Lunch gets no respect. The lobby for Big Breakfast has conned us sheeple into believing it's the most important meal of the day. Dinner is spent with the people we love most. Lunch is an annoyance, something to demolish over your keyboard. And that's a shame, because lunch is the weirdest meal of the day. We eat lunch with coworkers we don't like; we eat lunch with strangers. We discuss new projects and have affairs over lunch. Why waste that time with something you scrounged in a Starbucks, wrapped in plastic like a corpse?
Out on the edge of Pioneer Square, Bakeman's (122 Cherry St, 622-3375) has been chugging along since 1970, and it's the lunch-counteriest lunch counter you've ever seen. If City Hall, as many city employees inform us, is a glorified high school, Bakeman's is its school cafeteria, with industrial trays, a wall of bottled drinks, and absolutely no frills. The people who plan the city's future meet here to throw printouts of spreadsheets around a table and pretend they're really excited about preparing the slides for the next ideation meeting.
Bakeman's is visually schizophrenic: Half the room is a white cafeteria—the sort of thing you might find in a hospital—and the other half is a dark lounge with a nonfunctional bar. Men in bad suits and women in impractical shoes sit awkwardly at tables, greeting coworkers as they wander in. At the end of the serving line, I ask Jason Wang, the owner and cashier, what variety of cakes he has today.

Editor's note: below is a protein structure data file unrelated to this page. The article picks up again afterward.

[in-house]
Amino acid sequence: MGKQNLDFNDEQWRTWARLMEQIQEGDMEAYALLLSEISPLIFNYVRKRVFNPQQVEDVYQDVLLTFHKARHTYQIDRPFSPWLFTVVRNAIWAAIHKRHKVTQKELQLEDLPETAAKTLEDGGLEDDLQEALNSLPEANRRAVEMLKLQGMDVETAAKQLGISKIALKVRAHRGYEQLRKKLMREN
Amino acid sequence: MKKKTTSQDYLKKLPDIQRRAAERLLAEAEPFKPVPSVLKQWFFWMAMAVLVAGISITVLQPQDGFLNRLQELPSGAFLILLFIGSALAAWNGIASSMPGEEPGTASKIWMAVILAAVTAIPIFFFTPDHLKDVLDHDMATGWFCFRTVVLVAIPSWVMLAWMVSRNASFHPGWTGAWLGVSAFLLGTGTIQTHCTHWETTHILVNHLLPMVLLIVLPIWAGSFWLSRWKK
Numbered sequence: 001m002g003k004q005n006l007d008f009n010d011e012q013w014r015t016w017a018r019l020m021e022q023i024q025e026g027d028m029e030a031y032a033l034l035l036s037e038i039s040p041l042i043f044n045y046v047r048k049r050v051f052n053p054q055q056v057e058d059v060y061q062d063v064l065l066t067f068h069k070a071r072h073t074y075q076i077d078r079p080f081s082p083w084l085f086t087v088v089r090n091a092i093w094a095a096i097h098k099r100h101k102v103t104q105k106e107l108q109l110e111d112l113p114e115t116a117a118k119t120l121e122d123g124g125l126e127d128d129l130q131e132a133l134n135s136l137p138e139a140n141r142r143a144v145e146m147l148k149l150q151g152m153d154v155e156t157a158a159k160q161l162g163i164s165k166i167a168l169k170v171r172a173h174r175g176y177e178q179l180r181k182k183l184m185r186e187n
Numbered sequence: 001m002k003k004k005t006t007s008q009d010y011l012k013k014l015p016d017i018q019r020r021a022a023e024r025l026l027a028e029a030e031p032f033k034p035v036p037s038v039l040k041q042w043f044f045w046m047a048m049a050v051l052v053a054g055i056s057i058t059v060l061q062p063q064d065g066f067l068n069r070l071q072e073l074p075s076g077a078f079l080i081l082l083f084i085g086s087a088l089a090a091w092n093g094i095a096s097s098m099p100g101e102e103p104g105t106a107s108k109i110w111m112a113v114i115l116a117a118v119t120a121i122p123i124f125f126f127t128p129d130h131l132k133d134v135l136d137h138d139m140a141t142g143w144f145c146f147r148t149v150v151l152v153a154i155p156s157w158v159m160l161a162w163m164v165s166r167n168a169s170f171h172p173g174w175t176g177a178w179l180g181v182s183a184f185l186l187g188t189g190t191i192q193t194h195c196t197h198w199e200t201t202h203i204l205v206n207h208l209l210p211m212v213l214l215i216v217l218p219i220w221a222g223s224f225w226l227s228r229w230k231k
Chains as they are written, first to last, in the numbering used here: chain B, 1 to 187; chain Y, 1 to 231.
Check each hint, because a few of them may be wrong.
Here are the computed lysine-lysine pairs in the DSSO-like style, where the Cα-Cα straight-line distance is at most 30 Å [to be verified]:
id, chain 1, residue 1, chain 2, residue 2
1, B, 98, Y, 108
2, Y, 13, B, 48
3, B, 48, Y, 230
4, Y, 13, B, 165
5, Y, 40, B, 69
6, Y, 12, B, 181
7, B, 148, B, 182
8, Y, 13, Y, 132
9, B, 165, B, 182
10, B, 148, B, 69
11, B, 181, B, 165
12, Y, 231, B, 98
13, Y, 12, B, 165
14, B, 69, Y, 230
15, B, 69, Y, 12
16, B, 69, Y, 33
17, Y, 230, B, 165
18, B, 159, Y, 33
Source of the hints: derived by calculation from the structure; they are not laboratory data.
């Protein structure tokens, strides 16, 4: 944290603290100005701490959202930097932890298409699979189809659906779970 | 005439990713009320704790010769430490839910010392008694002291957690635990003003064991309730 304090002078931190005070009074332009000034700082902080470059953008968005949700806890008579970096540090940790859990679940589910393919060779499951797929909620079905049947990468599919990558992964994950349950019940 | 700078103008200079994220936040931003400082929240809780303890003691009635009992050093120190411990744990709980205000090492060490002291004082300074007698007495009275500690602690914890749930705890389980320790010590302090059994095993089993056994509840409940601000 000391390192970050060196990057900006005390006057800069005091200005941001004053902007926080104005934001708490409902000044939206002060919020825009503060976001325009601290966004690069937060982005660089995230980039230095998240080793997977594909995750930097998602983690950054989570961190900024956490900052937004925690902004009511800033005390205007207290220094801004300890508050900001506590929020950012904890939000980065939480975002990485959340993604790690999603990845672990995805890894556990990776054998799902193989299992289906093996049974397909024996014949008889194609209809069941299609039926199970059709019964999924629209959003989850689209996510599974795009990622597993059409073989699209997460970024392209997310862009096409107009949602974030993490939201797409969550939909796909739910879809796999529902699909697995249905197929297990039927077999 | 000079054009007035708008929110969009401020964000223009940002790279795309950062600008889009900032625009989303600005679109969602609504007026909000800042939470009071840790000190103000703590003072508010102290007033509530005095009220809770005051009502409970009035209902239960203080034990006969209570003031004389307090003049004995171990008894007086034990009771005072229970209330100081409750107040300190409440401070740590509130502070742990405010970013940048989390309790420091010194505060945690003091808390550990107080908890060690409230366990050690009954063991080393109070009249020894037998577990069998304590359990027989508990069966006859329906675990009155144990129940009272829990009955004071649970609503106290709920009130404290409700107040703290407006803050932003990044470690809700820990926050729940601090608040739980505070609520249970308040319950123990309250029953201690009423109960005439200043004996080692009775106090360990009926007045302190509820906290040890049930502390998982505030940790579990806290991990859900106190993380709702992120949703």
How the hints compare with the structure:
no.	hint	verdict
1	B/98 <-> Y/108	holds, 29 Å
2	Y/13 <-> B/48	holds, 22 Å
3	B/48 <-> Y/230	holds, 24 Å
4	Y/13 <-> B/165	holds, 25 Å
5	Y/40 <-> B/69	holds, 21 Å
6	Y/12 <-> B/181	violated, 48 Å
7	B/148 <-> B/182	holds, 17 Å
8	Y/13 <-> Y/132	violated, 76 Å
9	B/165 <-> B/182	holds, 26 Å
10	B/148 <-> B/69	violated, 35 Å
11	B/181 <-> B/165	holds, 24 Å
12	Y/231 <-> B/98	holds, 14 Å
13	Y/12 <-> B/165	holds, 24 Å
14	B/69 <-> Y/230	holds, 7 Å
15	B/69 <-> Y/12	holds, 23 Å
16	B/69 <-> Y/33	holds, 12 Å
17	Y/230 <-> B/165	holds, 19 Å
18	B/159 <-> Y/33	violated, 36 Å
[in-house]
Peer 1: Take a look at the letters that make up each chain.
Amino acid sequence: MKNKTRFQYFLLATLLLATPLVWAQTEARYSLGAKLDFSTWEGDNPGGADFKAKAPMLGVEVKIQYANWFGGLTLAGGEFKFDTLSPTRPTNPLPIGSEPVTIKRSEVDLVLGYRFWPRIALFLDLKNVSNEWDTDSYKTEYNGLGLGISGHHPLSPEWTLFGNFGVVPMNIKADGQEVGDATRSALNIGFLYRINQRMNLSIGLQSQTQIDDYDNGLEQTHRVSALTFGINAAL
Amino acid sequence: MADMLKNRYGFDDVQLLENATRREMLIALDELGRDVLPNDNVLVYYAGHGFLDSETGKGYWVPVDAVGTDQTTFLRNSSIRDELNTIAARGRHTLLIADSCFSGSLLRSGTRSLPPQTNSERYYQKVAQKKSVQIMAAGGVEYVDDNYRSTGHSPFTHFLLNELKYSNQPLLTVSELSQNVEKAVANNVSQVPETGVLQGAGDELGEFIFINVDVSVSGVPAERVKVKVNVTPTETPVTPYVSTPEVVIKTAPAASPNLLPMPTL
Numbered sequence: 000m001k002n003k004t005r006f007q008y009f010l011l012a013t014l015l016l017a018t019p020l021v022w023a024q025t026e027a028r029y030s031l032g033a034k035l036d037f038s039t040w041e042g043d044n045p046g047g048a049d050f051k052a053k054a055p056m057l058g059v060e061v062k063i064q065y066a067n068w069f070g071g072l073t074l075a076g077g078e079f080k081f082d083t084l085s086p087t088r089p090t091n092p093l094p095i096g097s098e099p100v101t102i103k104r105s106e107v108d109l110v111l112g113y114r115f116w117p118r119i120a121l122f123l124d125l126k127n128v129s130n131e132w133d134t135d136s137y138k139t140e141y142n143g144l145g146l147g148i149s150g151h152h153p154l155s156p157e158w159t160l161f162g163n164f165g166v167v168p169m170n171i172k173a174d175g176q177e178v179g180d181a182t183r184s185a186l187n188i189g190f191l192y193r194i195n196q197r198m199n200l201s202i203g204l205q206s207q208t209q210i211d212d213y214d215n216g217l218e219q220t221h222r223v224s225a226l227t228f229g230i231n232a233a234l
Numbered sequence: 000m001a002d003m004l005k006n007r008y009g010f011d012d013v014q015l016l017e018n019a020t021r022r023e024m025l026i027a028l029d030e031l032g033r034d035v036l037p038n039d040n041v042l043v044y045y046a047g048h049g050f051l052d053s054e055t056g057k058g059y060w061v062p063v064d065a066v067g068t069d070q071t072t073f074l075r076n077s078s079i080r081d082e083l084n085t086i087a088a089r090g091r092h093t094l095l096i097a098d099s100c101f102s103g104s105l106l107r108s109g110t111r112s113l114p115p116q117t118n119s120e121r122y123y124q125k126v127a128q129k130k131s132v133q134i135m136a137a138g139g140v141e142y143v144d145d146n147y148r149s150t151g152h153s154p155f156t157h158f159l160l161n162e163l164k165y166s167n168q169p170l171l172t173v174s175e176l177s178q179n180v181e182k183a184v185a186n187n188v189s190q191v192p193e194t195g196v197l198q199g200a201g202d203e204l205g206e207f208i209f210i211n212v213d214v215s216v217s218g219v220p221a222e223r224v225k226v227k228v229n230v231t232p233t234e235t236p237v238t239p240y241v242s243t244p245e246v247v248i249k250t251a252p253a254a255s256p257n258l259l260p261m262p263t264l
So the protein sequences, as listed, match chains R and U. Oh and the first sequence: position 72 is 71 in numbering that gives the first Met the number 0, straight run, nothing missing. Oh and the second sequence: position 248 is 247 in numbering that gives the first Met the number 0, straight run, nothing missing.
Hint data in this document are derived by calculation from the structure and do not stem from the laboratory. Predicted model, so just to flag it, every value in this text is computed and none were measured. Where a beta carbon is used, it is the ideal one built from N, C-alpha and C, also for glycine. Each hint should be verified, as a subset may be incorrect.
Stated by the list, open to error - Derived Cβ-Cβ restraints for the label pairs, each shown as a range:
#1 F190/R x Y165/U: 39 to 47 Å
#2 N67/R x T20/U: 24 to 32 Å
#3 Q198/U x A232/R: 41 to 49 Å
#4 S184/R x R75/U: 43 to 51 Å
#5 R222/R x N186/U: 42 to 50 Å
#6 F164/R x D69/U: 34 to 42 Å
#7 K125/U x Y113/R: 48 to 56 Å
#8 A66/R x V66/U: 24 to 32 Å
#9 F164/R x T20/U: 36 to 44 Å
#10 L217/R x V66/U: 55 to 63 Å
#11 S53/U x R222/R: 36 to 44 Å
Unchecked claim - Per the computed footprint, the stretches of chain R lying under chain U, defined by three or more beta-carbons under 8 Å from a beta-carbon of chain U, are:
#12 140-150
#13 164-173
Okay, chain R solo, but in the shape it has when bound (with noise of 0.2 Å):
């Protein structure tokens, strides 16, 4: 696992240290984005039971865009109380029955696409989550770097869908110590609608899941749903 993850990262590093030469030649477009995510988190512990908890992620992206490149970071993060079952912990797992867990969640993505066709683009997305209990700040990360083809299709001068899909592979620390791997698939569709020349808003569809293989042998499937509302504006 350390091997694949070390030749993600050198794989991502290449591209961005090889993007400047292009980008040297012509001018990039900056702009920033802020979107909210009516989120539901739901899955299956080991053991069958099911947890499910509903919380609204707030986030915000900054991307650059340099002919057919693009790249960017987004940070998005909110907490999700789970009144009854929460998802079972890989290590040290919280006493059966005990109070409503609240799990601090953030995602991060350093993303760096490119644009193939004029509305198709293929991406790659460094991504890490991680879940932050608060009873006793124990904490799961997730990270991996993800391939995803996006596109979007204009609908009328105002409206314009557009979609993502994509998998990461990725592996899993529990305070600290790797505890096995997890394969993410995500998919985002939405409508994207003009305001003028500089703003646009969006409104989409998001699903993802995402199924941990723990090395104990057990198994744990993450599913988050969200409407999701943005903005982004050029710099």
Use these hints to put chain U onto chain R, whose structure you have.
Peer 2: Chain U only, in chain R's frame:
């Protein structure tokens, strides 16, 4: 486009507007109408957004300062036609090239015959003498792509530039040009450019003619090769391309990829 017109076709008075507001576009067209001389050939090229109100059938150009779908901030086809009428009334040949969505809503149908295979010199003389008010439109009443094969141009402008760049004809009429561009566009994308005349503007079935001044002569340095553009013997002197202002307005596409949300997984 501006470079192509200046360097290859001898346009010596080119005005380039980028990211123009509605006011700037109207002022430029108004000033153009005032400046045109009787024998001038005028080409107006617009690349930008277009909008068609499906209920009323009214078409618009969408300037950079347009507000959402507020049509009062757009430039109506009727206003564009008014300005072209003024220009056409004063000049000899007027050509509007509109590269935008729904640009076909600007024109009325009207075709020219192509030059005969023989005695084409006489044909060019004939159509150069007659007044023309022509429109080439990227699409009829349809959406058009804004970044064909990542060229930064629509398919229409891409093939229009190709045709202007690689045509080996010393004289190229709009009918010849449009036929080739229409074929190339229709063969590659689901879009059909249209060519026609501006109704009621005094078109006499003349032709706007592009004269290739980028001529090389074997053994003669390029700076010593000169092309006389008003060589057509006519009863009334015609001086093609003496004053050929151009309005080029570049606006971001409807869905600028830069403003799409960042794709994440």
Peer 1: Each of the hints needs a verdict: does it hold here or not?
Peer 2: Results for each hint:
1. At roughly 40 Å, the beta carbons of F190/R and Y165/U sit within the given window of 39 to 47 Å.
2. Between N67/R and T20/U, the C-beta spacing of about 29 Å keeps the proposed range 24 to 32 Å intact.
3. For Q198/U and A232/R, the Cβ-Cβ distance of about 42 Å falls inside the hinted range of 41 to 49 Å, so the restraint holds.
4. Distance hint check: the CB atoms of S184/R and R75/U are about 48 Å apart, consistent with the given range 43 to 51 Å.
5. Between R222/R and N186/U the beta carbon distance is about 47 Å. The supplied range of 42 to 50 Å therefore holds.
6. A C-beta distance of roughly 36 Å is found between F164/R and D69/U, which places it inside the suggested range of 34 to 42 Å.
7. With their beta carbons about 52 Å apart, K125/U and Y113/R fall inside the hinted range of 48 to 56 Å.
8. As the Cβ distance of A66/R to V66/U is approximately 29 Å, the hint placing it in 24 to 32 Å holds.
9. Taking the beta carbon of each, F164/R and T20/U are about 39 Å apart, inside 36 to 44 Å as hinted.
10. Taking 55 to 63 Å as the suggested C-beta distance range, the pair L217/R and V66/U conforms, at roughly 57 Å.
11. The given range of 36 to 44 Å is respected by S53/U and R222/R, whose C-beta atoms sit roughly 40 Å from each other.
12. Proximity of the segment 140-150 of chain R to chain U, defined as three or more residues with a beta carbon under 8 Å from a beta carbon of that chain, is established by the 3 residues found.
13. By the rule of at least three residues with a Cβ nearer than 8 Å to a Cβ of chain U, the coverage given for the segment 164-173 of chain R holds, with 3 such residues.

He points down to them: "What does it look like they are?"
For a second, I rear back and the Seattleite in me prepares a passive-aggressive comment. Instead, I go with it. "Uh, lemon poppy?"
"And what else?"
He nods. "So why'd you ask me?"
Good question. There's a line of people behind me, waiting to eat their goddamned lunches. I was wasting time, and time is money.
The thick slab of lemon poppy cake ($1.25) is moist, but, disappointingly, it doesn't taste much like lemon. Bakeman's turkey sandwich ($4.50, add an extra quarter for cranberry sauce) is a delight. It's not elaborate—mayonnaise and iceberg lettuce are major components—but the thick slices of white meat are fresh-roasted and juicy, and the wheat bread, while not Macrina-good, is baked on-site every day. The cup of sausage, sauerkraut, and roasted red potato soup on the side ($2.25) is excellent—salty as all hell in the best way possible, with the smoked kielbasa and potatoes playing off each other for dominance. It's nothing fancy, but it's prepared well, the kind of good fuel a city needs in its belly to make it to the end of another day.